Raised Pallet Garden Beds
pallet garden
(Image credit: Reimphoto)

Pallet collars provide an inexpensive way to add sturdy sides when a simple pallet isn’t suitable. The hinged wooden collars, fairly new to the United States, are stackable and collapsible for efficient transport and storage of a variety of materials. Although pallet collars are generally used for shipping, they have become a hot commodity among gardeners, who use them to create pallet collar gardens and pallet raised beds. Wondering how you can make a raised bed out of pallet collars? Read on for more information.

How to Make a Pallet Garden

The first step is to get your hands on some pallet collars. Your local hardware or home improvement store may be able to provide information, or you can always do an online search for pallet collars.

Plan your DIY pallet garden in an area where the ground is flat. Keep in mind that most plants need at least a few hours of daily sunlight. Once you’ve determined the best location for your pallet collar garden, break up the soil with a spade or garden fork, then smooth it with a rake.

Put one pallet collar in place. The collars are about 7 inches (18 cm.) high, but they are easy to stack if you need a deeper garden. Line the inner walls of the pallet raised bed with plastic to preserve the wood. Staple the plastic securely in place.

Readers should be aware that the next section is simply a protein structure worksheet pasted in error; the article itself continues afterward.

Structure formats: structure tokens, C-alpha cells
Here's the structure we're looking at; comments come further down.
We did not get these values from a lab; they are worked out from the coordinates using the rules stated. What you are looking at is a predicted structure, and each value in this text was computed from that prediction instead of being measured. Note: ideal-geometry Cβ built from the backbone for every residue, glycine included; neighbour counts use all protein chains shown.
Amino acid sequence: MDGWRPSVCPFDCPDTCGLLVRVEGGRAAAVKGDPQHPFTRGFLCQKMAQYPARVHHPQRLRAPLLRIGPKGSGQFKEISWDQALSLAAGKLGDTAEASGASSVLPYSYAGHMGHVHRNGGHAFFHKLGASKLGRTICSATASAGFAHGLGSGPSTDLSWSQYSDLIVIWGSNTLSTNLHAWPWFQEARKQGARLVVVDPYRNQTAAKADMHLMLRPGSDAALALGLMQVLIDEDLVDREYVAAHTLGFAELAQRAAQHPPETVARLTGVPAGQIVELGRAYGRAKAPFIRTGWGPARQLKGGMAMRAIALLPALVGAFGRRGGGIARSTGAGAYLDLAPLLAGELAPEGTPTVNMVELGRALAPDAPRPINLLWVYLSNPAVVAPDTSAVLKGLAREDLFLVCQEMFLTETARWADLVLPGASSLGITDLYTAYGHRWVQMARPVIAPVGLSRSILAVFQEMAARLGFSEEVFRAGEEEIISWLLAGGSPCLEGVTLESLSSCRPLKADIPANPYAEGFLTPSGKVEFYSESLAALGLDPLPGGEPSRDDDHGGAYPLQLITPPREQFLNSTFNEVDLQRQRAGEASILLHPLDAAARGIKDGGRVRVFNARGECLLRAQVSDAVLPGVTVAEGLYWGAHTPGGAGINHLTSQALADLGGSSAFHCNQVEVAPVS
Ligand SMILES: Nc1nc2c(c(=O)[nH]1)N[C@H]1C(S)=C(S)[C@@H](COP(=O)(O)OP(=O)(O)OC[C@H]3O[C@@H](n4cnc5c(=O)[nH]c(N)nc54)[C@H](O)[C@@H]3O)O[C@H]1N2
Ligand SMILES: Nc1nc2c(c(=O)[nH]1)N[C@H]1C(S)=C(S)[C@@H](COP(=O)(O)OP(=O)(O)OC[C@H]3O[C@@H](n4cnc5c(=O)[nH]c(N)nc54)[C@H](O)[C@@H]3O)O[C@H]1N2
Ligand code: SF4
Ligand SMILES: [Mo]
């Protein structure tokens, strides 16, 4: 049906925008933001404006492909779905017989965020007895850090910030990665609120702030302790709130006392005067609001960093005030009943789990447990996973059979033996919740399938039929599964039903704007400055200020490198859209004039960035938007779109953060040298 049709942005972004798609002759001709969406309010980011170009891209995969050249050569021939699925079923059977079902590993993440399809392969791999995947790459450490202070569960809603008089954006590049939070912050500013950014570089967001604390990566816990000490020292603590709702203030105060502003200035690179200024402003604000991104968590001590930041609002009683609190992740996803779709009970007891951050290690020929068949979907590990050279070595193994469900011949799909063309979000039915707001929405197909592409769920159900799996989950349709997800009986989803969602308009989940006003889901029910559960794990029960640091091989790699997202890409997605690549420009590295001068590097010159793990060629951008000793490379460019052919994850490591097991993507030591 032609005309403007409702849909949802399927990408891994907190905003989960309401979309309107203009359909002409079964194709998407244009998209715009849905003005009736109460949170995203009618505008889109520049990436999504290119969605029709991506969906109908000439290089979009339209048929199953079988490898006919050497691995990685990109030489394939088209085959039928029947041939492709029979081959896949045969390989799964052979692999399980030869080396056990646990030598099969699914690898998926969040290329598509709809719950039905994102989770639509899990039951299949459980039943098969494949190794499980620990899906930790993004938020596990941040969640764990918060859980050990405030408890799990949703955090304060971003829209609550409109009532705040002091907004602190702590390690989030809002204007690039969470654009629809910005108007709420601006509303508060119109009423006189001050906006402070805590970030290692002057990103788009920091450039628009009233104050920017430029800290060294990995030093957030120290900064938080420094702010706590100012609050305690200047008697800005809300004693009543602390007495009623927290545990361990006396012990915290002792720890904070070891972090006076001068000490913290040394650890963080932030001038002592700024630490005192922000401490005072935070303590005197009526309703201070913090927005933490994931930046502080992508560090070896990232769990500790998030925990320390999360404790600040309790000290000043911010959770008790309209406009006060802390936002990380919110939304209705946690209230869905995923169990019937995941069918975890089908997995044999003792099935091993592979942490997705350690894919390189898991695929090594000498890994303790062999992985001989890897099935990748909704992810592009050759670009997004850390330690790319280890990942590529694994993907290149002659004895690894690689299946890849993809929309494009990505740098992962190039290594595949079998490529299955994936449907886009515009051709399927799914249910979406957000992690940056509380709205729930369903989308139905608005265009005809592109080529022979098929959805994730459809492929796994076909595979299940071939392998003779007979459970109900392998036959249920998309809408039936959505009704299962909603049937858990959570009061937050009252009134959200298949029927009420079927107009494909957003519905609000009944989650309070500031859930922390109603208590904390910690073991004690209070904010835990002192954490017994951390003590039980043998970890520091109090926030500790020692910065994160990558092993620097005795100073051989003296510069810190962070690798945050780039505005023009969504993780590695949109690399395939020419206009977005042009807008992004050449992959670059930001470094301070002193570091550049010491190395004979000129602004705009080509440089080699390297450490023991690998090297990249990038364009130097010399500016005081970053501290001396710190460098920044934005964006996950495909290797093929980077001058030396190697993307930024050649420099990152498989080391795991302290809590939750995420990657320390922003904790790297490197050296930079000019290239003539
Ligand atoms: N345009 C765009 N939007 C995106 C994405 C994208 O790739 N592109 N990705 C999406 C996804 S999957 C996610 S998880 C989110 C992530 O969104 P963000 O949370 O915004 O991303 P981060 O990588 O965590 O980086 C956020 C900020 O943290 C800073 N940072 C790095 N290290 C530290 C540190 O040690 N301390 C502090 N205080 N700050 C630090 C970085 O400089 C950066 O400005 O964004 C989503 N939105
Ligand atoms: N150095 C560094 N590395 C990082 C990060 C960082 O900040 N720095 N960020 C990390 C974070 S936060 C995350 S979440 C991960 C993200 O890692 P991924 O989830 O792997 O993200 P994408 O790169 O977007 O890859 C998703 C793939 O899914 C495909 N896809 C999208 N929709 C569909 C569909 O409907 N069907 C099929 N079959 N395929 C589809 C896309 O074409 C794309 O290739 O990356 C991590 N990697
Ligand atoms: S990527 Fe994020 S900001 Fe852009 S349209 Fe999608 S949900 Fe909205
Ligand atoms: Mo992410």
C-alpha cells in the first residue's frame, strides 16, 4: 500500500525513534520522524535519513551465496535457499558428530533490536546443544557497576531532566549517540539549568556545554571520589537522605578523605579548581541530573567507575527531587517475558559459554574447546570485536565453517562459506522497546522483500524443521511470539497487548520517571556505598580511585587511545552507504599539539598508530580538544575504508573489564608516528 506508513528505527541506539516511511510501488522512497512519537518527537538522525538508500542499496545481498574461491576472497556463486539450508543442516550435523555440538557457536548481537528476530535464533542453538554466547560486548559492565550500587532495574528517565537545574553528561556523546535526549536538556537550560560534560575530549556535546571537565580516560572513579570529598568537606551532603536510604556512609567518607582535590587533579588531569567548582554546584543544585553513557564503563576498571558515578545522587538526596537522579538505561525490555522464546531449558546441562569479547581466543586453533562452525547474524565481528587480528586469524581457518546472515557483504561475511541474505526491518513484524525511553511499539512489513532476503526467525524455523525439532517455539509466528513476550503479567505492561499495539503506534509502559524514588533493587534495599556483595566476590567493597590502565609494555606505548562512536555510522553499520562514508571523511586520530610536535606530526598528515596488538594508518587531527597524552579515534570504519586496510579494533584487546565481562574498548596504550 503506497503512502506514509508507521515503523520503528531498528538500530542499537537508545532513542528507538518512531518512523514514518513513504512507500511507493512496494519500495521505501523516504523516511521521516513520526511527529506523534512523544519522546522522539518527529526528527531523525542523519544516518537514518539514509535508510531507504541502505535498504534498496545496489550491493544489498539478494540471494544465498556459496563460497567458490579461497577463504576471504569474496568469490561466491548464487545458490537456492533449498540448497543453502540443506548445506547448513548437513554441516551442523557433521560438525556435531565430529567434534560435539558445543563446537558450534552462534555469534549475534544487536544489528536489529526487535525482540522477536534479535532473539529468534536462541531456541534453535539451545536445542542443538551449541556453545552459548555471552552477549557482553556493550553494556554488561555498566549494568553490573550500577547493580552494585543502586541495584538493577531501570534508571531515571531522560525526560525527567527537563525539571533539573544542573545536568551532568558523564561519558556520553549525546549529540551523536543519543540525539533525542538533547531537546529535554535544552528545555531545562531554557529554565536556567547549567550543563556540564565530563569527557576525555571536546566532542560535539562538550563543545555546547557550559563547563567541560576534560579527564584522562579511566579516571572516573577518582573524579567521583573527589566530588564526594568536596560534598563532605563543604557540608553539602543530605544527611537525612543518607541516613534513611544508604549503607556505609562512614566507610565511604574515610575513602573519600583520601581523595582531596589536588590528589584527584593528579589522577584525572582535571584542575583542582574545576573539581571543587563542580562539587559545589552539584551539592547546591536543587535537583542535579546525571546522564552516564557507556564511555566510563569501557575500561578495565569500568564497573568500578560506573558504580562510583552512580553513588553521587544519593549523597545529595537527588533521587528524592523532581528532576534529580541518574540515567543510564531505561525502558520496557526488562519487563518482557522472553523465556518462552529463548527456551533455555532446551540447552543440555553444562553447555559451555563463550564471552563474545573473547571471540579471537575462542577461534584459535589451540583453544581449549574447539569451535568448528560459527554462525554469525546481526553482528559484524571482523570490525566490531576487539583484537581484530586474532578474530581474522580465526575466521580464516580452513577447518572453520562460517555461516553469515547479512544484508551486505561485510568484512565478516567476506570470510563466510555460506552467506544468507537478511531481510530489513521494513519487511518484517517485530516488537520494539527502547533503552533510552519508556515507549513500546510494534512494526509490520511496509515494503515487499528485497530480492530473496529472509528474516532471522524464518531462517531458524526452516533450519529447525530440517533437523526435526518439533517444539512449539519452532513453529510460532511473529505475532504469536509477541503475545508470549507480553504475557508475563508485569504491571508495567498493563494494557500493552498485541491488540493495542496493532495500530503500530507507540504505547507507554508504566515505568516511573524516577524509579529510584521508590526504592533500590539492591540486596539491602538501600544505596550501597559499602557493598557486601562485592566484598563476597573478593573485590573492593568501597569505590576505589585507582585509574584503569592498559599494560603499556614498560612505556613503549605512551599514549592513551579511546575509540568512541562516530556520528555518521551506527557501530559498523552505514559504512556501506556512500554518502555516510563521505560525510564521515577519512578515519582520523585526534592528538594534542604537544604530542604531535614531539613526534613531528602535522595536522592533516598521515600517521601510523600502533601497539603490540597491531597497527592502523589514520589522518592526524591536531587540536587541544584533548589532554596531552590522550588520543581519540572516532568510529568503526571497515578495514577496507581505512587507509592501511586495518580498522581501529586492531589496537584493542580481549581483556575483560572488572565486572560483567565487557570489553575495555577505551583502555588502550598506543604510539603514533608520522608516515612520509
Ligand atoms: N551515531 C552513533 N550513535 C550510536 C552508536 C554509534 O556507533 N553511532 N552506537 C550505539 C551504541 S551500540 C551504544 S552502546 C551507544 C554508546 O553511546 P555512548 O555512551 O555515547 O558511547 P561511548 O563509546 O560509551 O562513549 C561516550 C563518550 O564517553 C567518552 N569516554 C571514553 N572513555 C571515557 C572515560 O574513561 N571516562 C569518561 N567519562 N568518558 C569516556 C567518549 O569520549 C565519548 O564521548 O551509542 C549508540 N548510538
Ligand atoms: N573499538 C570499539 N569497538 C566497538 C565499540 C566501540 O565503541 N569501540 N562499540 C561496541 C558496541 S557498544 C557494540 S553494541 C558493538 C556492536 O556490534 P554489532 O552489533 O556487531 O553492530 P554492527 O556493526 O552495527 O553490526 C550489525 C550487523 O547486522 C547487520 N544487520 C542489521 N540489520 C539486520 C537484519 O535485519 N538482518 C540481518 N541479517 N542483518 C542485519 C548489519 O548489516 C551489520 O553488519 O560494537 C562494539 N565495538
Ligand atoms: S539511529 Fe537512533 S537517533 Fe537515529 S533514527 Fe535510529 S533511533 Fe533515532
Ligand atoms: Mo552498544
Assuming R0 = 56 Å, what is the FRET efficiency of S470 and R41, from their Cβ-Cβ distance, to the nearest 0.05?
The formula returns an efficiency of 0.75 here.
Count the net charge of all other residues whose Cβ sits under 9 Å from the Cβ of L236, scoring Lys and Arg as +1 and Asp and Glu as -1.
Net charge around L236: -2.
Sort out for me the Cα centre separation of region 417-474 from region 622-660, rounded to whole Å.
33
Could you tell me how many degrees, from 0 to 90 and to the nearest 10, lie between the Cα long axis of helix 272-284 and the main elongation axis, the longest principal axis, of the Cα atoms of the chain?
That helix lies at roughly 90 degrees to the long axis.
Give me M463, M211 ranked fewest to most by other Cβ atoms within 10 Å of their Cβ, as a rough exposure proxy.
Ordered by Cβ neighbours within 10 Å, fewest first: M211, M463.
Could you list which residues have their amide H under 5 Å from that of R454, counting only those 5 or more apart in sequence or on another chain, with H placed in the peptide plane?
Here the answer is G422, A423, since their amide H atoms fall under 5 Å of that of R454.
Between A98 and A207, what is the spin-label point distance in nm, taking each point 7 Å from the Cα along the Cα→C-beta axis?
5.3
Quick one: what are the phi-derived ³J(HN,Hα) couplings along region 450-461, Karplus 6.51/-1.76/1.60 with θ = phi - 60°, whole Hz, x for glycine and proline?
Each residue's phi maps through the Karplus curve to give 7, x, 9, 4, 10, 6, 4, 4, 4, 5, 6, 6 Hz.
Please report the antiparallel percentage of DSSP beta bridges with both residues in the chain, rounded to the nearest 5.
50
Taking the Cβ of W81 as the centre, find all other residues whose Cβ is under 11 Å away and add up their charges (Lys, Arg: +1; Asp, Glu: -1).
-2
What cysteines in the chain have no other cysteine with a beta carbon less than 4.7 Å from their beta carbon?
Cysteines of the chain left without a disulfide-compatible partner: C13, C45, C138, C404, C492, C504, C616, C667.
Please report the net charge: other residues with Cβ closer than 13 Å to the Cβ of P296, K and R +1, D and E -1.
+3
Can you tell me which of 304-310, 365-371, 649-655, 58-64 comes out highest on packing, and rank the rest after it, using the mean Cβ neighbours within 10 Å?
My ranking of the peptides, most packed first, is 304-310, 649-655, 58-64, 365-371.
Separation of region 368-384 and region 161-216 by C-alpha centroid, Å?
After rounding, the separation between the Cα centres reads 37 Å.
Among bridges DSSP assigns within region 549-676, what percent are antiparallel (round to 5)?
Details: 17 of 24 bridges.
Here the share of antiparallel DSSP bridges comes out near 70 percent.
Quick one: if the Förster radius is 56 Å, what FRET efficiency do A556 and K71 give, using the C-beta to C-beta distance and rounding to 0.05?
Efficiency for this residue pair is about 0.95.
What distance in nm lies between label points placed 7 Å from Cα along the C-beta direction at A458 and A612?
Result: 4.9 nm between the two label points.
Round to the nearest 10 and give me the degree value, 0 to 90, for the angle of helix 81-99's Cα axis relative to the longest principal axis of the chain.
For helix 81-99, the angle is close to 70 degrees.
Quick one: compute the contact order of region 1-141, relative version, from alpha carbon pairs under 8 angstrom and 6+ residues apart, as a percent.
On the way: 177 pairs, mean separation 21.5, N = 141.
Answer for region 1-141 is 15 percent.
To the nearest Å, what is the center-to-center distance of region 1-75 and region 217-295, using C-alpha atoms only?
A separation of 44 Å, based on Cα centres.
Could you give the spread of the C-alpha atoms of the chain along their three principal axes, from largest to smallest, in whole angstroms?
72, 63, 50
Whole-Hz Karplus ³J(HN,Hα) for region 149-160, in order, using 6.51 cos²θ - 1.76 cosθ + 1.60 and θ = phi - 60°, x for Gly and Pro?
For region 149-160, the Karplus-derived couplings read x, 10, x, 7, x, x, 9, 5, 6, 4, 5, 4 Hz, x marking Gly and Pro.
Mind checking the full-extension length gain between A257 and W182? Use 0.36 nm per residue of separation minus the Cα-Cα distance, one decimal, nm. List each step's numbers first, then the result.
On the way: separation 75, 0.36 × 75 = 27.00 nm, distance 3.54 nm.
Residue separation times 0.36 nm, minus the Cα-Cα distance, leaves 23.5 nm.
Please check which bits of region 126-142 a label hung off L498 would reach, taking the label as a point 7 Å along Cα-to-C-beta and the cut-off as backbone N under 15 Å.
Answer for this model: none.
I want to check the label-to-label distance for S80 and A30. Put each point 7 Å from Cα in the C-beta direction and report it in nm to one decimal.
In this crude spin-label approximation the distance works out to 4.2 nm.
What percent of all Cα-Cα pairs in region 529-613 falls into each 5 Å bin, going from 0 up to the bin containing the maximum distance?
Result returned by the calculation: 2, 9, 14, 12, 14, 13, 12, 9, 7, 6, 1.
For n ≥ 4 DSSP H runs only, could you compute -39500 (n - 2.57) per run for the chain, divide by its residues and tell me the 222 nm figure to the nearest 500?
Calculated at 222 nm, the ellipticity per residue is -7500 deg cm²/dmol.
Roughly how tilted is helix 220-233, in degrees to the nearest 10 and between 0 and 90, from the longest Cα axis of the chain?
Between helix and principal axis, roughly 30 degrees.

You may want to place a layer of damp newspaper on the “floor” of your DIY pallet garden. This step isn’t absolutely necessary, but it will encourage friendly earthworms while discouraging growth of weeds. You can also use landscape cloth.

Fill the pallet raised bed with planting medium – usually a mixture of material such as compost, potting mix, sand, or high quality garden soil. Don’t use garden soil alone, as it will become so hard and compacted that roots may suffocate and die.

Your pallet collar garden is now ready to plant. You can also use pallet collars to create compost bins, garden walls, hot beds, cold frames, and much more.

Mary H. Dyer

A Credentialed Garden Writer, Mary H. Dyer was with Gardening Know How in the very beginning, publishing articles as early as 2007.